Building on her earlier work, The Power of Music: A Research Synthesis of the Impact of Actively Making Music on the Intellectual, Social and Personal Development of Children and Young People, this volume by Susan Hallam and Evangelos Himonides is an important new resource in the field of music education, practice, and psychology.
A well-signposted text with helpful subheadings, The Power of Music: An Exploration of the Evidence gathers and synthesises research in neuroscience, psychology, and education to develop our understanding of the effects of listening to and actively making music. Its chapters address music’s relationship with literacy and numeracy, transferable skills, its impact on social cohesion and personal wellbeing, as well as the roles that music plays in our everyday lives.
Considering evidence from large population samples to individual case studies and across age groups, the authors also pose important methodological questions to the research community. The Power of Music defends qualitative research against a requirement for randomised control trials that can obscure the diverse and often fraught contexts in which people of all ages and backgrounds are exposed to, and engage with, music.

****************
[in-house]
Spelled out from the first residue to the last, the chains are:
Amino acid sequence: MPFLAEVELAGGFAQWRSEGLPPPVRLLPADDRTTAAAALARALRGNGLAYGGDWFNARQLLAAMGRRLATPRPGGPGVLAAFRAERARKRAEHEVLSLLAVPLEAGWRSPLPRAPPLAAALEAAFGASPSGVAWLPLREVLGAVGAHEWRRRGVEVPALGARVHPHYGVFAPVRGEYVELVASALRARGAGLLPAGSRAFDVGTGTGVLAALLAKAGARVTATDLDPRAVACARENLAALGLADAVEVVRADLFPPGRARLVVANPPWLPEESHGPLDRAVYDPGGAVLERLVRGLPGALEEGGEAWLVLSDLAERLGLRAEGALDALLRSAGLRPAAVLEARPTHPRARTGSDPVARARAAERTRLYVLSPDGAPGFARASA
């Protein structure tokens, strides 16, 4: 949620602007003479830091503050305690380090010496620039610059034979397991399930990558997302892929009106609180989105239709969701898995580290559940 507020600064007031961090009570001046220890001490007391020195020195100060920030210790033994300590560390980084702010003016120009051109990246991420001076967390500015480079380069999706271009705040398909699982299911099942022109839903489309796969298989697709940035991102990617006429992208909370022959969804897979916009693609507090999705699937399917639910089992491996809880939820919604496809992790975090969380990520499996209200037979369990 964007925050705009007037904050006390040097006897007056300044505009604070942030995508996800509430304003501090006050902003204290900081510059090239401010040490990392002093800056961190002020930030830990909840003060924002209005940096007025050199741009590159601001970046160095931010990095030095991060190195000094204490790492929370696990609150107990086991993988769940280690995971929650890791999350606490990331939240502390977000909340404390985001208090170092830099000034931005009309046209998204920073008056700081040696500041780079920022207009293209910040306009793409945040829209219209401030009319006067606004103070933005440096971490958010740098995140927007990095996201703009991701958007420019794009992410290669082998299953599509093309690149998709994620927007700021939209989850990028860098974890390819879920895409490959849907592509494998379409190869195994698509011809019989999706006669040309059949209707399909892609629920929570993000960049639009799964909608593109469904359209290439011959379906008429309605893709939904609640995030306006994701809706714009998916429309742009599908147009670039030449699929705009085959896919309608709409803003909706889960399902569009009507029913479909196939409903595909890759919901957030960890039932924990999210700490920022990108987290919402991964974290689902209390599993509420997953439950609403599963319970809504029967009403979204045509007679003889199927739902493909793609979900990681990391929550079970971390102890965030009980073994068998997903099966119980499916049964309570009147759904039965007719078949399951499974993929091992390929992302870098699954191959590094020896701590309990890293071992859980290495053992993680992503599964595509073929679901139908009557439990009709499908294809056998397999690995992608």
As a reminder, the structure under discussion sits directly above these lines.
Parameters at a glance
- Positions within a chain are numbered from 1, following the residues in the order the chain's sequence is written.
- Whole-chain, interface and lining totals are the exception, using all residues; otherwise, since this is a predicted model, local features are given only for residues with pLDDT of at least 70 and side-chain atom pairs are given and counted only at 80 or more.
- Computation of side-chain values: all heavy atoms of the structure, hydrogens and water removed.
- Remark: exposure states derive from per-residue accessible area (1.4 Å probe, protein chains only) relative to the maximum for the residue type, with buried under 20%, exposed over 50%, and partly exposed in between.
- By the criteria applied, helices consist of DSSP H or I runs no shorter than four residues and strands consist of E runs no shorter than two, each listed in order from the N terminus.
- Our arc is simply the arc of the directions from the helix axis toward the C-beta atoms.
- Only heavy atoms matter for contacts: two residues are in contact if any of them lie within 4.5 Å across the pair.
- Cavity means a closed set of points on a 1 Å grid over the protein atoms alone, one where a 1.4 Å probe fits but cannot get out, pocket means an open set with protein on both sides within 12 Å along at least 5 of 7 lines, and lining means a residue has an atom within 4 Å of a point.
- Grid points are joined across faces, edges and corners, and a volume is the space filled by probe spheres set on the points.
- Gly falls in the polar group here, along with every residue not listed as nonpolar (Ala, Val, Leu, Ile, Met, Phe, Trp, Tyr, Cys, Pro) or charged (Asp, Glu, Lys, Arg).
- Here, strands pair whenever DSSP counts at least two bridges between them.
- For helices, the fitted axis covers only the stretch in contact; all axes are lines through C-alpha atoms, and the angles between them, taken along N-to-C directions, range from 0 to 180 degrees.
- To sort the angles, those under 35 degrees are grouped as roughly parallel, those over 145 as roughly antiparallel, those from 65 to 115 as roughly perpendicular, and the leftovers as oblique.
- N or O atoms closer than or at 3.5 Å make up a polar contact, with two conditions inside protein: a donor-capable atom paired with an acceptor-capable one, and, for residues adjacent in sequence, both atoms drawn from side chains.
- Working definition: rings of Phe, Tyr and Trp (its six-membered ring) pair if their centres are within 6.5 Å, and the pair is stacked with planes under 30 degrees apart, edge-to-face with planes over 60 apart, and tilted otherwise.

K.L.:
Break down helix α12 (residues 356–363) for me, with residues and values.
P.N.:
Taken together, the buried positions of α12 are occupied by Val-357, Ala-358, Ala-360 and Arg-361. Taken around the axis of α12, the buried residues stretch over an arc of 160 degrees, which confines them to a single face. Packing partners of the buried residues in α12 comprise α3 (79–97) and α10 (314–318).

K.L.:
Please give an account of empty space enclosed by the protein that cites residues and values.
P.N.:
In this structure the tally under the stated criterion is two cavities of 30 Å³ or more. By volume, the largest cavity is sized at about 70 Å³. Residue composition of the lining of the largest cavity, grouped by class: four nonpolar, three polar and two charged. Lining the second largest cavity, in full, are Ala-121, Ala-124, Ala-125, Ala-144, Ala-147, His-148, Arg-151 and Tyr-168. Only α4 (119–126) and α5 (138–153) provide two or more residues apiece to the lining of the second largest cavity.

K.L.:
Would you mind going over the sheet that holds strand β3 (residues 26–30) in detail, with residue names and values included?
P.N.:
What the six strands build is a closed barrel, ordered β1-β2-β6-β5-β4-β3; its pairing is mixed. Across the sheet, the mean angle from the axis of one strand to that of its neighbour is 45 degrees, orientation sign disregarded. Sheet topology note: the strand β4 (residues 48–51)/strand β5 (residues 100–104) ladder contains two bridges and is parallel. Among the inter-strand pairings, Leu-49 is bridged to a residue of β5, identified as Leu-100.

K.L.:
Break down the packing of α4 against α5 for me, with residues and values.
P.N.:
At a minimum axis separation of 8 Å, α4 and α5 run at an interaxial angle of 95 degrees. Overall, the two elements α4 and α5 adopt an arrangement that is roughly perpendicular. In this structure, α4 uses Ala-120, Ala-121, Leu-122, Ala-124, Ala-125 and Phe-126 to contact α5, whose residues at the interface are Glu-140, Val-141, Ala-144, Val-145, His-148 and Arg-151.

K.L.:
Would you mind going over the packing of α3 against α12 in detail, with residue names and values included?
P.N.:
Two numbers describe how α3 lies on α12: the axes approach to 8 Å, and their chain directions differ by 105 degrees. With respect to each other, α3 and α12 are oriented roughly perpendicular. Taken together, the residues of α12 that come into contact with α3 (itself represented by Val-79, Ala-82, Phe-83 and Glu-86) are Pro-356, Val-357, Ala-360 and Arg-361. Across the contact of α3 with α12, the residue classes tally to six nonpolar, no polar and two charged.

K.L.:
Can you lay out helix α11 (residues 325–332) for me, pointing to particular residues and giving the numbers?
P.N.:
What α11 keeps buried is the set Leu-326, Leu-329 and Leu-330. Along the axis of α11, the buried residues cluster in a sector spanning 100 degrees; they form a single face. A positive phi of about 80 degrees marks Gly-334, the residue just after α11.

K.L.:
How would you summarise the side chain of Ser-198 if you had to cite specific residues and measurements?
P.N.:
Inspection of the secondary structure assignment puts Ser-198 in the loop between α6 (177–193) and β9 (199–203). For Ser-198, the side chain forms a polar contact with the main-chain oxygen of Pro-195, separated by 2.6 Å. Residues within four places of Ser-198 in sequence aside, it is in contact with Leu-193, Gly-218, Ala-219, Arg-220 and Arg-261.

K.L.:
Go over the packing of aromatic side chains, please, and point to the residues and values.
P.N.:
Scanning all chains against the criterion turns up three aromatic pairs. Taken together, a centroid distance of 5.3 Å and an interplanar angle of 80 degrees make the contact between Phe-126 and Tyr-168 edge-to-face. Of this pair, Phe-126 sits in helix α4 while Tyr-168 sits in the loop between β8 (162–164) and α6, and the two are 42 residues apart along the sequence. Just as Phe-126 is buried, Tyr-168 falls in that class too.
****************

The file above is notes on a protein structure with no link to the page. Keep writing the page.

This magnificent and comprehensive volume allows the evidence about the power of music to speak for itself, thus providing an essential directory for those researching music education and its social, personal, and cognitive impact across human ages and experiences.
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